Kozora: Franco Harris Is No Longer Here But His Legacy Lives On Forever

The news of Franco Harris’ death is a shock to Steelers Nation and the entire NFL world. He was supposed to be among the crowd Saturday night, Christmas Eve, to celebrate his #32 being officially retired as the Steelers and Raiders played on the 50th anniversary of the Immaculate Reception. It was supposed to be a great and joyous night. Now, it’ll be a somber occasion.

As devastating as today, tomorrow, Saturday, and all the other days will be, Harris left a mark on football, on Pittsburgh, that’ll never be forgotten.

Few teams have such a clear mark and moment of an organizational shift. The day a team turned their fortunes, their culture, their history, and their attitudes around. For most, it trickles in slowly over time, building and building until they bring a championship home. For Pittsburgh, their moment couldn’t have been any clearer.

December 23, 1972. The Immaculate Reception. No, the Steelers didn’t win the Super Bowl that year. But Harris’ game-winning play against the Oakland Raiders turned that team from lovable losers, with zero playoff wins in franchise history up and until that point, into the makings of a dynasty. Without a doubt, it’s the greatest play in NFL history. Terry Bradshaw’s scramble, Frenchy Fuqua and Jack Tatum’s collision, Harris’ hustle and presence to scoop the ball inches away from hitting the ground, and – people forget this – outrunning the final Raiders’ defenders into the end zone. That wasn’t a walk-in touchdown.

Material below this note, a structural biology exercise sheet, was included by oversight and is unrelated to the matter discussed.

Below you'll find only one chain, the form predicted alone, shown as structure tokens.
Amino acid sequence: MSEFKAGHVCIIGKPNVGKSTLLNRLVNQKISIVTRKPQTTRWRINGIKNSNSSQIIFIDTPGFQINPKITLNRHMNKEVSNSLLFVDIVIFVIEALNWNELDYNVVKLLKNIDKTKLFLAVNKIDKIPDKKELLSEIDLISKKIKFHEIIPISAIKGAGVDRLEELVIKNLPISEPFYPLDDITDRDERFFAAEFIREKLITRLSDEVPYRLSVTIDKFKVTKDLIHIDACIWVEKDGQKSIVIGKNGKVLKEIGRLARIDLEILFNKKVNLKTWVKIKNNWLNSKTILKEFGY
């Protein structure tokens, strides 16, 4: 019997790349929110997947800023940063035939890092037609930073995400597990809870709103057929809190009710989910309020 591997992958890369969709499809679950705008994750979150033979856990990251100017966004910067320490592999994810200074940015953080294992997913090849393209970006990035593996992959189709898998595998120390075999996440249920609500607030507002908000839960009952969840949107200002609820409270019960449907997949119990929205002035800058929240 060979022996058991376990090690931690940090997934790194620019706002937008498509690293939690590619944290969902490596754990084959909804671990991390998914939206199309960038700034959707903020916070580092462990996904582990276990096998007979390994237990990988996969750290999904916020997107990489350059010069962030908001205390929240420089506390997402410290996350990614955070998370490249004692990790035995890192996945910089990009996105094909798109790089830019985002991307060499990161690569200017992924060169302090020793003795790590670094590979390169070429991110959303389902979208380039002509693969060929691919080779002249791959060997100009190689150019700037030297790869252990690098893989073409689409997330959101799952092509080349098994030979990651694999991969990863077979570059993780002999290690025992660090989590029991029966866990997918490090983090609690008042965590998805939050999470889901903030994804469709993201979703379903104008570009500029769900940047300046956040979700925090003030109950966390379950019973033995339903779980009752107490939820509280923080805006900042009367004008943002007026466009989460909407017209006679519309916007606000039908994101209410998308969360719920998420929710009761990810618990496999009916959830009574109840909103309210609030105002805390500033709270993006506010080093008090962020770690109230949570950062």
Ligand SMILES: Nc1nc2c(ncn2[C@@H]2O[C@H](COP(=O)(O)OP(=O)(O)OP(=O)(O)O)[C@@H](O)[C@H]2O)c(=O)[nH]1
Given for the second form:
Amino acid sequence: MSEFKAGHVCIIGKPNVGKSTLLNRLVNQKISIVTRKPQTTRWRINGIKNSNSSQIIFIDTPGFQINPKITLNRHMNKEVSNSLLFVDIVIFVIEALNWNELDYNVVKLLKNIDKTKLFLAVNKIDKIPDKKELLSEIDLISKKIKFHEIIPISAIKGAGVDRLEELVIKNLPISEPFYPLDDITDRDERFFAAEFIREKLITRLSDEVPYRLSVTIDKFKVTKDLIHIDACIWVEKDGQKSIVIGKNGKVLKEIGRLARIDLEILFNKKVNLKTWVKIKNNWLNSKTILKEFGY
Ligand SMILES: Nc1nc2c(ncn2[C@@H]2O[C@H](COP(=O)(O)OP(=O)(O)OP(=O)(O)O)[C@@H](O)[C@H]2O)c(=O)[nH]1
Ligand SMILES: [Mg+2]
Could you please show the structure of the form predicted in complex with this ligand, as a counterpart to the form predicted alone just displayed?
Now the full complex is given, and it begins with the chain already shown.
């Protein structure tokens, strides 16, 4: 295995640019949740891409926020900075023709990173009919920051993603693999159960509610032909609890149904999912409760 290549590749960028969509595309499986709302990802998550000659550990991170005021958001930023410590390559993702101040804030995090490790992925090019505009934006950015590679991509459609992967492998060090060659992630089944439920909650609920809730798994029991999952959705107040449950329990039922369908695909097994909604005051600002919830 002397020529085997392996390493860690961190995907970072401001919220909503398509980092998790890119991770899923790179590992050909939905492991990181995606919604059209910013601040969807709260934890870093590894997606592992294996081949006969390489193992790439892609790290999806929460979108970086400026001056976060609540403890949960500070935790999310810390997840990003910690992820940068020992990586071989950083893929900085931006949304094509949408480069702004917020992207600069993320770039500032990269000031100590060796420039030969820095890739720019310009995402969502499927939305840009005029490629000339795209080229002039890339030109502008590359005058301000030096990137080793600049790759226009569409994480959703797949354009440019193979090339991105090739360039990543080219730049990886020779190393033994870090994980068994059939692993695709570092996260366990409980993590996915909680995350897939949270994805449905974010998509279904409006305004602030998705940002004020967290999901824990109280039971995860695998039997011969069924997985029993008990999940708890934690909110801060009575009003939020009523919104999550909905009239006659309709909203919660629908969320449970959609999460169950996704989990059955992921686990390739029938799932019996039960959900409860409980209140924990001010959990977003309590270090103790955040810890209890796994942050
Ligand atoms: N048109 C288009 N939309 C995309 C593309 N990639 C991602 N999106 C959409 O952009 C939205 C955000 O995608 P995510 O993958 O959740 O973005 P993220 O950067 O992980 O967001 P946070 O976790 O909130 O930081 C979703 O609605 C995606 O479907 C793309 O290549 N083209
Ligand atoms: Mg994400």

That was the day for the Pittsburgh Steelers. They became a two-act franchise. Everything before the Immaculate Reception and everything after. Franco Harris was the man in-between.

But Harris was more than a moment, more than a play. He was a tremendous player with a full Hall of Fame career, a key piece during the 70s dynasty and a focal point for their first two Super Bowls with the team’s run-first identity. He remains the franchise’s all-time leader in carries, yards, and touchdowns, records that figure to stand for a long time. Maybe forever. His gold jacket was well-earned and deserved as one of the best to ever do it.

Beyond football, Harris was also an activist who fought for what he believed in and what he valued. In Dan Rooney’s autobiography, he writes about the time Harris held a one-man protest against an upcoming KKK rally, prepared to indefinitely sit on the courthouse steps. Here’s what Rooney wrote:

“The mayor believed Franco might be in danger and his presence might incite the Klansman to riot. I told them, ‘I can’t tell Franco what to do. He’s got to do what he thinks is right.’ But I agreed to go downtown to talk to him…I went up the steps to where Franco was sitting, leaning against one of the granite columns. He had food and water and intended to sit there all night until the Klan arrived the next day. I sat down next to him, and we talked. I told him he was doing a brave thing by being there.

I asked him if he would consider joining [a counter-demonstration] instead of confronting the Klan here on the steps. I told him I would go with him. Franco said he’d think about it, and soon after I left he packed up his belongings and quietly departed. I can’t tell you how much respect I have for Franco. He is a deeply principled man, and I admired him for his stand against the Klan.”

Harris loved Pittsburgh and Pittsburgh loved him. Even in retirement, he was such a presence in the city, always hanging around town, talking to new Steelers – like Najee Harris – and I don’t know how many draft picks Franco’s announced over the years. There were many and he enjoyed every one of them.

While his death is a shock, there’s comfort in reading and hearing the stories from those who knew him the best. To know how much he was appreciated and loved. It doesn’t make the pain or the grief any easier. It just might bring a smile through the tears.

The world needs more Franco Harris-es. Good people doing the best they can with the tools they have. He embodied what it meant to be a Steeler. Work hard. Fight for your values. Earn and keep your reputation. Represent your city on and off the field. He did and was all of those things. He’s no longer with us but his spirit lives on forever. That can’t be taken away.

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